Dubai Arrests British Woman for Calling Ex-Husband's New Wife a 'Horse'
She could face up to two years in jail and a fine of £50,000 (Rs 45 lakh) for two Facebook comments she made on her husband's account, while living in the UK in 2016.
(Photo for representation) (Image: Reuters)
Dubai, which has spent a fortune on promoting itself as one of the world's premier touriste destinations, seemingly has very little chill when it comes to what you post on your social media accounts, after it arrested a British woman and her teenage daughter for some earlier comments she had made on a Facebook post by hr ex-husband.
She could face up to two years in jail and a fine of £50,000 (Rs 45 lakh) for two Facebook comments she made on her husband's account, while living in the UK in 2016, according to the Detained In Dubai campaign group, which is handling her case.
Laleh Shahravesh, 55, of Richmond, south-west London, had been married to her former husband for over 18 years, and the couple, along with their daughter had briefly lived in Dubai for eight months.
After Shahravesh had returned to London with their daughter, her husband decided to stay back in the UAE (United Arab Emirates), declaring that he would join them later. A few months later, she received divorce papers from him and, not long after, saw posts on Facebook, which said that her husband had remarried, with acompanying photos.
She then allegedly wrote two comments on the post, written in Farsi, including, “I hope you go under the ground you idiot. Damn you.” She also made a cutting remark about her former husband's new bride's appearance, saying "You left me for this horse."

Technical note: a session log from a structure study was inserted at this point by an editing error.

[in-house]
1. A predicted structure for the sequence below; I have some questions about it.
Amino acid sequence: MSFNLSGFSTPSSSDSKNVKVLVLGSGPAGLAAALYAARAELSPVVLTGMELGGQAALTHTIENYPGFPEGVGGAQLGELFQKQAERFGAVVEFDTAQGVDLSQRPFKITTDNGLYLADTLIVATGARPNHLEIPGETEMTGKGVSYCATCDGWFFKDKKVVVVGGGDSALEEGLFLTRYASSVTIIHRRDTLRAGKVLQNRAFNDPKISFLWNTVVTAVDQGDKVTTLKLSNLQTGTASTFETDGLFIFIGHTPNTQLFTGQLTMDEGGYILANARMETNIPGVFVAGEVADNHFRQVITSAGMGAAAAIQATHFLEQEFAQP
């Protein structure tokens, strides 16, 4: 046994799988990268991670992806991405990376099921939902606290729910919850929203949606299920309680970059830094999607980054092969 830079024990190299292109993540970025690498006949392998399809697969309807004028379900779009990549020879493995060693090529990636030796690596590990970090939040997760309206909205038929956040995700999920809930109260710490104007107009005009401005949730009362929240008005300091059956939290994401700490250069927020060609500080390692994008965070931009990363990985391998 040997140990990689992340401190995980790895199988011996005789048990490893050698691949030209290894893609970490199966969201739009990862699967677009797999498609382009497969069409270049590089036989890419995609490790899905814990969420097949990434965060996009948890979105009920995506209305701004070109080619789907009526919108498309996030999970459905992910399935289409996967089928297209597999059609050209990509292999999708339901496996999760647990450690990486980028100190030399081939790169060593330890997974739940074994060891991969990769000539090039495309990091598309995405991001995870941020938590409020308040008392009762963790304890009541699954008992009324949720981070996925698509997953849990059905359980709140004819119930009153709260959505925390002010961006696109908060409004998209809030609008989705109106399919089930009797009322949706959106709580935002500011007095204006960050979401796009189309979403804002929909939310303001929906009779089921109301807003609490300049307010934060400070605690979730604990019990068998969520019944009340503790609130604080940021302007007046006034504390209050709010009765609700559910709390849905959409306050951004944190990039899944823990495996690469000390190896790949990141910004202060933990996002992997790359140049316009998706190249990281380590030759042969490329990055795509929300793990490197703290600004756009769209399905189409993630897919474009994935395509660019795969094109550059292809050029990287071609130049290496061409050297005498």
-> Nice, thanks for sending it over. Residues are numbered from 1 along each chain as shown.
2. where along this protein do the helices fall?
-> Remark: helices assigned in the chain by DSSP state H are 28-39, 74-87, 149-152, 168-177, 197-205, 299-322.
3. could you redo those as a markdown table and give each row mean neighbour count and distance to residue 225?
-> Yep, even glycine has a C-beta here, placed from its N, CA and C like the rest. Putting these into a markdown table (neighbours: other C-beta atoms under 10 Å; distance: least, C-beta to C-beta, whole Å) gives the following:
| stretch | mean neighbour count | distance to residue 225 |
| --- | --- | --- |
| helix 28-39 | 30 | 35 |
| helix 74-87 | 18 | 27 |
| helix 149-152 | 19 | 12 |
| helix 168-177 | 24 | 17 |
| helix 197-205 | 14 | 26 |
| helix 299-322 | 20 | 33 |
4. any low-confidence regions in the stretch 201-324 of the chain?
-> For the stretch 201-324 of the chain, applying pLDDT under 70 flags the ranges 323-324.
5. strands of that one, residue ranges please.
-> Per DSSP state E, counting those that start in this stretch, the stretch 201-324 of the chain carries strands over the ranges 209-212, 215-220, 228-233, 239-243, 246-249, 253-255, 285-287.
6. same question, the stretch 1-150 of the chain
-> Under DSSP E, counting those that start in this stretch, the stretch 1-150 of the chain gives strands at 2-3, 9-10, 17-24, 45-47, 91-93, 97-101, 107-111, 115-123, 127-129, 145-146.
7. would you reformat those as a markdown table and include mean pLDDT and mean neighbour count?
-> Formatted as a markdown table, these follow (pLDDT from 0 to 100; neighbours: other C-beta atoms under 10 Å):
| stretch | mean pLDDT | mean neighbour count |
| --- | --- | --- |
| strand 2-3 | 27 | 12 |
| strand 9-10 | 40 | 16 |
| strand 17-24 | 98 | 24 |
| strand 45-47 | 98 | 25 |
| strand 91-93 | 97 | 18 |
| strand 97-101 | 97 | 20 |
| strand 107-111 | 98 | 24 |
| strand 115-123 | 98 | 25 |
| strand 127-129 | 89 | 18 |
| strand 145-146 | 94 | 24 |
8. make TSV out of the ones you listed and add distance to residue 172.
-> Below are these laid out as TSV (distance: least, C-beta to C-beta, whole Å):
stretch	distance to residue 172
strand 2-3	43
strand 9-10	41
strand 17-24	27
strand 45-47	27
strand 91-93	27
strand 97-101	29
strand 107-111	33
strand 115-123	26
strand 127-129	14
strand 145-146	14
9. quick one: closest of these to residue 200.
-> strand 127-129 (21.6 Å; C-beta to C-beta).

When she and her 14 year-old-daughter were visting Dubai for her ex-husband’s funeral in March, after he died from a heart attack, they were detaiend and then arrested at Dubai airport. While the daughter was subsequently released to the custody of her relatives, Shahravesh remained in custody for some time after.
According to the BBC, Shahravesh had been bailed and was currently staying in a hotel, though her passport had been confiscated. Detained for Dubai, which is an organization of 'UAE Civil and Criminal Justice Specialists', is representing the woman, said to be in a distressed condition.
The Emirates have some of the strictest laws on morality and ethics in the world, and have previously been denounced by human rights groups for the severe punishments they impart to perceived lawbreakers.
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